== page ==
The large mass of rock, acted as a monolith (thus resembling high-angle asteroid impact), struck with great force the sediments at bottom of Gilbert Inlet at the head of the bay. The impact created a large crater and displaced and folded recent and Tertiary deposits and sedimentary layers to an unknown depth. The displaced water and the displacement and folding of the sediments broke and uplifted 1,300 feet of ice along the entire front of the Lituya Glacier at the north end of Gilbert Inlet. Also, the impact and the sediment displacement by the rockfall resulted in an air bubble and in water splashing action that reached the 1,720 foot (524 m.) elevation on the other side of the head of Gilbert Inlet. The same rockfall impact, in combination with the strong ground movements, the net vertical crustal uplift of about 3.5 feet, and an overall tilting seaward of the entire crustal block on which Lituya Bay was situated, generated the giant solitary gravity wave which swept the main body of the bay.

This was the most likely scenario of the event – the "PC model" that was adopted for subsequent mathematical modeling studies with source dimensions and parameters provided as input. Subsequent mathematical modeling at the Los Alamos National Laboratory (Mader, 1999, Mader & Gittings, 2002) supported the proposed mechanism – as there was indeed sufficient volume of water and an adequately deep layer of sediments in the Lituya Bay inlet to account for the giant wave runup and the subsequent inundation. The modeling reproduced the documented physical observations of runup.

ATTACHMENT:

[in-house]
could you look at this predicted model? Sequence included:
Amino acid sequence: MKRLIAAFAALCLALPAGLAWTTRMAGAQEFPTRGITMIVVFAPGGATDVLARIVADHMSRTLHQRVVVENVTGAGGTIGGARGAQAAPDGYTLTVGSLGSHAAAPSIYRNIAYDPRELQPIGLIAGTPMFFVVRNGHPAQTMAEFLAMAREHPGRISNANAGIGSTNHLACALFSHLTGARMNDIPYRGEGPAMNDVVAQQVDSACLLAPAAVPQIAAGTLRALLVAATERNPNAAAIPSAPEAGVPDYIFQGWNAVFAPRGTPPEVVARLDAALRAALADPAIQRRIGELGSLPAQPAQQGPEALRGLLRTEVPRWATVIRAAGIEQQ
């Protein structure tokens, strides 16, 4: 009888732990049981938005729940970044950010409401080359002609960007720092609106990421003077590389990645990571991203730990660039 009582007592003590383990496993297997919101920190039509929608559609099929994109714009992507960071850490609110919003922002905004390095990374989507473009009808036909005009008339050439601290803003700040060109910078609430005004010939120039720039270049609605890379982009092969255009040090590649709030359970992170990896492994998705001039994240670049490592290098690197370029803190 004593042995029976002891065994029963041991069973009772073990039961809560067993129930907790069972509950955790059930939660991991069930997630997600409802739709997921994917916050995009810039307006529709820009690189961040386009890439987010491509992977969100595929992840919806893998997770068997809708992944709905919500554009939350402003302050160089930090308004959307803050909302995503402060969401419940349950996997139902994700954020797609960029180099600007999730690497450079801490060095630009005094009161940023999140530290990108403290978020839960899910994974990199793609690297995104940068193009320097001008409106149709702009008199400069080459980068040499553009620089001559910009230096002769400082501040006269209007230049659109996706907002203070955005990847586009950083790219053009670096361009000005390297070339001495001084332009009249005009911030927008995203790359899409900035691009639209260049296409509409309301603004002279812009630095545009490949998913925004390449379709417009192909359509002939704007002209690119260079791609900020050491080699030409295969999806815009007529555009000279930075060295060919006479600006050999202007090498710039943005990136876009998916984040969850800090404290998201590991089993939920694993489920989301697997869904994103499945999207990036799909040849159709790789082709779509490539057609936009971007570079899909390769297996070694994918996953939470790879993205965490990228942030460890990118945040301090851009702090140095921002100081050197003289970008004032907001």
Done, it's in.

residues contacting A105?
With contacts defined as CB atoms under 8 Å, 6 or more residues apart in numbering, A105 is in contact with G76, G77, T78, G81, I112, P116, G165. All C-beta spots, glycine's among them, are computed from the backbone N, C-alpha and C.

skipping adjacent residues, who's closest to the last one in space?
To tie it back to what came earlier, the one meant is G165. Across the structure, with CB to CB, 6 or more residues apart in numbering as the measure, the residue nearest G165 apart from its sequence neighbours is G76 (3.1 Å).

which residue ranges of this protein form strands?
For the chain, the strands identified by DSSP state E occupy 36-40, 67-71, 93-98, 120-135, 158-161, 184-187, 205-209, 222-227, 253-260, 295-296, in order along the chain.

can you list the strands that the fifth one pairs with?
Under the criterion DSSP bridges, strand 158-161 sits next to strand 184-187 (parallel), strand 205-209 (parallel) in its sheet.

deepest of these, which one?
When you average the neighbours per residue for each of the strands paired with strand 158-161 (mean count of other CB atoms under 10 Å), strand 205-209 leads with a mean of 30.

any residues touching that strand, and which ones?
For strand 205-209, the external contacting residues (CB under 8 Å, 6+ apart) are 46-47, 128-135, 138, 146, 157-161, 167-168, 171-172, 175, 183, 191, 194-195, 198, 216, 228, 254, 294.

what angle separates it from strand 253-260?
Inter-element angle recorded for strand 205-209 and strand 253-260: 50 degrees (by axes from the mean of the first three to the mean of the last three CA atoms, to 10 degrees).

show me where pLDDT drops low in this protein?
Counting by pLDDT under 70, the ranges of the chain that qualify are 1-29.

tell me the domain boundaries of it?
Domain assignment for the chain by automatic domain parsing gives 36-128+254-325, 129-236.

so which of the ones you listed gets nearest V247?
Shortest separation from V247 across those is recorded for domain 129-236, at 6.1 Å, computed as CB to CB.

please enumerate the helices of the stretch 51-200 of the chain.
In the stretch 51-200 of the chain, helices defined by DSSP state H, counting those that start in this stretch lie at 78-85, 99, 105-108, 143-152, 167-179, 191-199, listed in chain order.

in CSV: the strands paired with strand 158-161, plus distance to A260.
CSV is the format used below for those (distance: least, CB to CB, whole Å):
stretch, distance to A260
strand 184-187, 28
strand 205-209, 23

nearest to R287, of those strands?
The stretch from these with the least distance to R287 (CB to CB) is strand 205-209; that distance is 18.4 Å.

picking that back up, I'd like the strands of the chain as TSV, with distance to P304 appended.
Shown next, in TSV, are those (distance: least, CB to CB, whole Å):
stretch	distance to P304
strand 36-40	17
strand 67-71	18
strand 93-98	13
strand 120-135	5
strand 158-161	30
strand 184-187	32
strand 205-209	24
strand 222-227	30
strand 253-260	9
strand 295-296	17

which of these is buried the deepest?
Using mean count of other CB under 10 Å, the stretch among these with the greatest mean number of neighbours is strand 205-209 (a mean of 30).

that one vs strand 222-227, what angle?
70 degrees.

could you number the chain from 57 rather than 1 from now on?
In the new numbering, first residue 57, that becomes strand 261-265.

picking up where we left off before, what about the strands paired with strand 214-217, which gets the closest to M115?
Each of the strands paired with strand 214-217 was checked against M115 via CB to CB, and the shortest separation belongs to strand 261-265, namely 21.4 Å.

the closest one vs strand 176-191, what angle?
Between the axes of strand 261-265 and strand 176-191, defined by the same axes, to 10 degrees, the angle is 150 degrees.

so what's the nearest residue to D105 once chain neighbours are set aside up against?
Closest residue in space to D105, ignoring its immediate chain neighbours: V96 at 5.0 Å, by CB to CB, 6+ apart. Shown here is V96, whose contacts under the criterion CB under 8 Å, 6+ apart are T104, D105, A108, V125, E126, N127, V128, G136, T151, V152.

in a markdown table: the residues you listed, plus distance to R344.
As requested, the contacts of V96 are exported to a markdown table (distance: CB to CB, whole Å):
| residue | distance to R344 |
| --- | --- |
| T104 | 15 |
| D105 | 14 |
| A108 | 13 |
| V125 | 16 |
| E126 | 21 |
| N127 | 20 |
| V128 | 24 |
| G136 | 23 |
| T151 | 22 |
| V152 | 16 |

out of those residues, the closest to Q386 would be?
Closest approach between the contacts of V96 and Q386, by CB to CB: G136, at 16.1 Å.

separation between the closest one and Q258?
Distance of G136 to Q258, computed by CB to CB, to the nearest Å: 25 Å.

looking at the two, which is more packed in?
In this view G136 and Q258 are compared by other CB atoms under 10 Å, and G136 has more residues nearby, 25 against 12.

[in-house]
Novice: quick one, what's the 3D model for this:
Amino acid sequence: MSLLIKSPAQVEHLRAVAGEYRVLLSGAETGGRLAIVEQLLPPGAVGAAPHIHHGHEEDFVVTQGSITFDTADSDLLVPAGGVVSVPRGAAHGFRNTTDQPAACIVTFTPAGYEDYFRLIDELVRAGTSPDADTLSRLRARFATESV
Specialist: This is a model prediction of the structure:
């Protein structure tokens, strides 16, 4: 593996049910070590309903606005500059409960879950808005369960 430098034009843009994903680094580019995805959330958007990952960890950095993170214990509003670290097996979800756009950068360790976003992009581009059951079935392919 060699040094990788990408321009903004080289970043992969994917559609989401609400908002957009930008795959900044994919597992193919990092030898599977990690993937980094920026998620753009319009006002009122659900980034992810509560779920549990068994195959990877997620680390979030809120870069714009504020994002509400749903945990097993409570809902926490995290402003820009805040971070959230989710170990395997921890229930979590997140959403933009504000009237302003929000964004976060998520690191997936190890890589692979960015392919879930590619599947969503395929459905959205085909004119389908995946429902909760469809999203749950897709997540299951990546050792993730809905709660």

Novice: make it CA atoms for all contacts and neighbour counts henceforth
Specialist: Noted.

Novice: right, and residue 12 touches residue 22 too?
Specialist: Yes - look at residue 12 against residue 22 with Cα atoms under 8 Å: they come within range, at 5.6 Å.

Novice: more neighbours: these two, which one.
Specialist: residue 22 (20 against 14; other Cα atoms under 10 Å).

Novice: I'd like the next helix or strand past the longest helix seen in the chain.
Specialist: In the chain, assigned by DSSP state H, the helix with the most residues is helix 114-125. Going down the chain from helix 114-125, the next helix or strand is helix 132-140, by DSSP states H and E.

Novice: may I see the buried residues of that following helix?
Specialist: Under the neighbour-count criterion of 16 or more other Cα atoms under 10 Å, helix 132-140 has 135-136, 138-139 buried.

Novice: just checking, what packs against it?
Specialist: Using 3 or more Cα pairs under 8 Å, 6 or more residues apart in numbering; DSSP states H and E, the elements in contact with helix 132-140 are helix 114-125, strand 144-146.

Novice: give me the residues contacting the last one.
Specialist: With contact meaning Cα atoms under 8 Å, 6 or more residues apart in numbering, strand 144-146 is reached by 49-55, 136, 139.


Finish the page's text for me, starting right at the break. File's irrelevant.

A 2010 model examined the amount of infill on the floor of the bay, which was many times larger than that of the rockfall alone, and also the energy and height of the waves, and the accounts given by eyewitnesses, concluded that there had been a "dual slide" involving a rockfall, which also triggered a release of 5 to 10 times its volume of sediment trapped by the adjacent Lituya Glacier, as an almost immediate and many times larger second slide, a ratio comparable with other events where this "dual slide" effect is known to have happened.[3]

List of megatsunamis


  • The asteroid linked to the extinction of dinosaurs, which created the Chicxulub crater in Yucatán approximately 66 million years ago, would have caused an over 100 metres (330 ft) tall megatsunami. The height of the tsunami was limited due to relatively shallow sea in the area of the impact; in deep sea it would be 4.6 kilometres (2.9 mi) tall.[4] A more recent simulation of the global effects of the megatsunami showed initial wave height of 1.5 kilometres (0.93 mi), with later waves up to 100 metres (330 ft) height in the Gulf of Mexico, and up to 14 metres (46 ft) in the North Atlantic and South Pacific.[5]
  • A series of megatsunamis were generated by the bolide impact that created the Chesapeake Bay impact crater, about 35.5 million years ago.[6]
  • During the Messinian the coasts of northern Chile were likely struck by various megatsunamis.[7]
  • A megatsunami affected the coast of south–central Chile in the Pliocene as evidenced by the sedimentary record of Ranquil Formation.[8]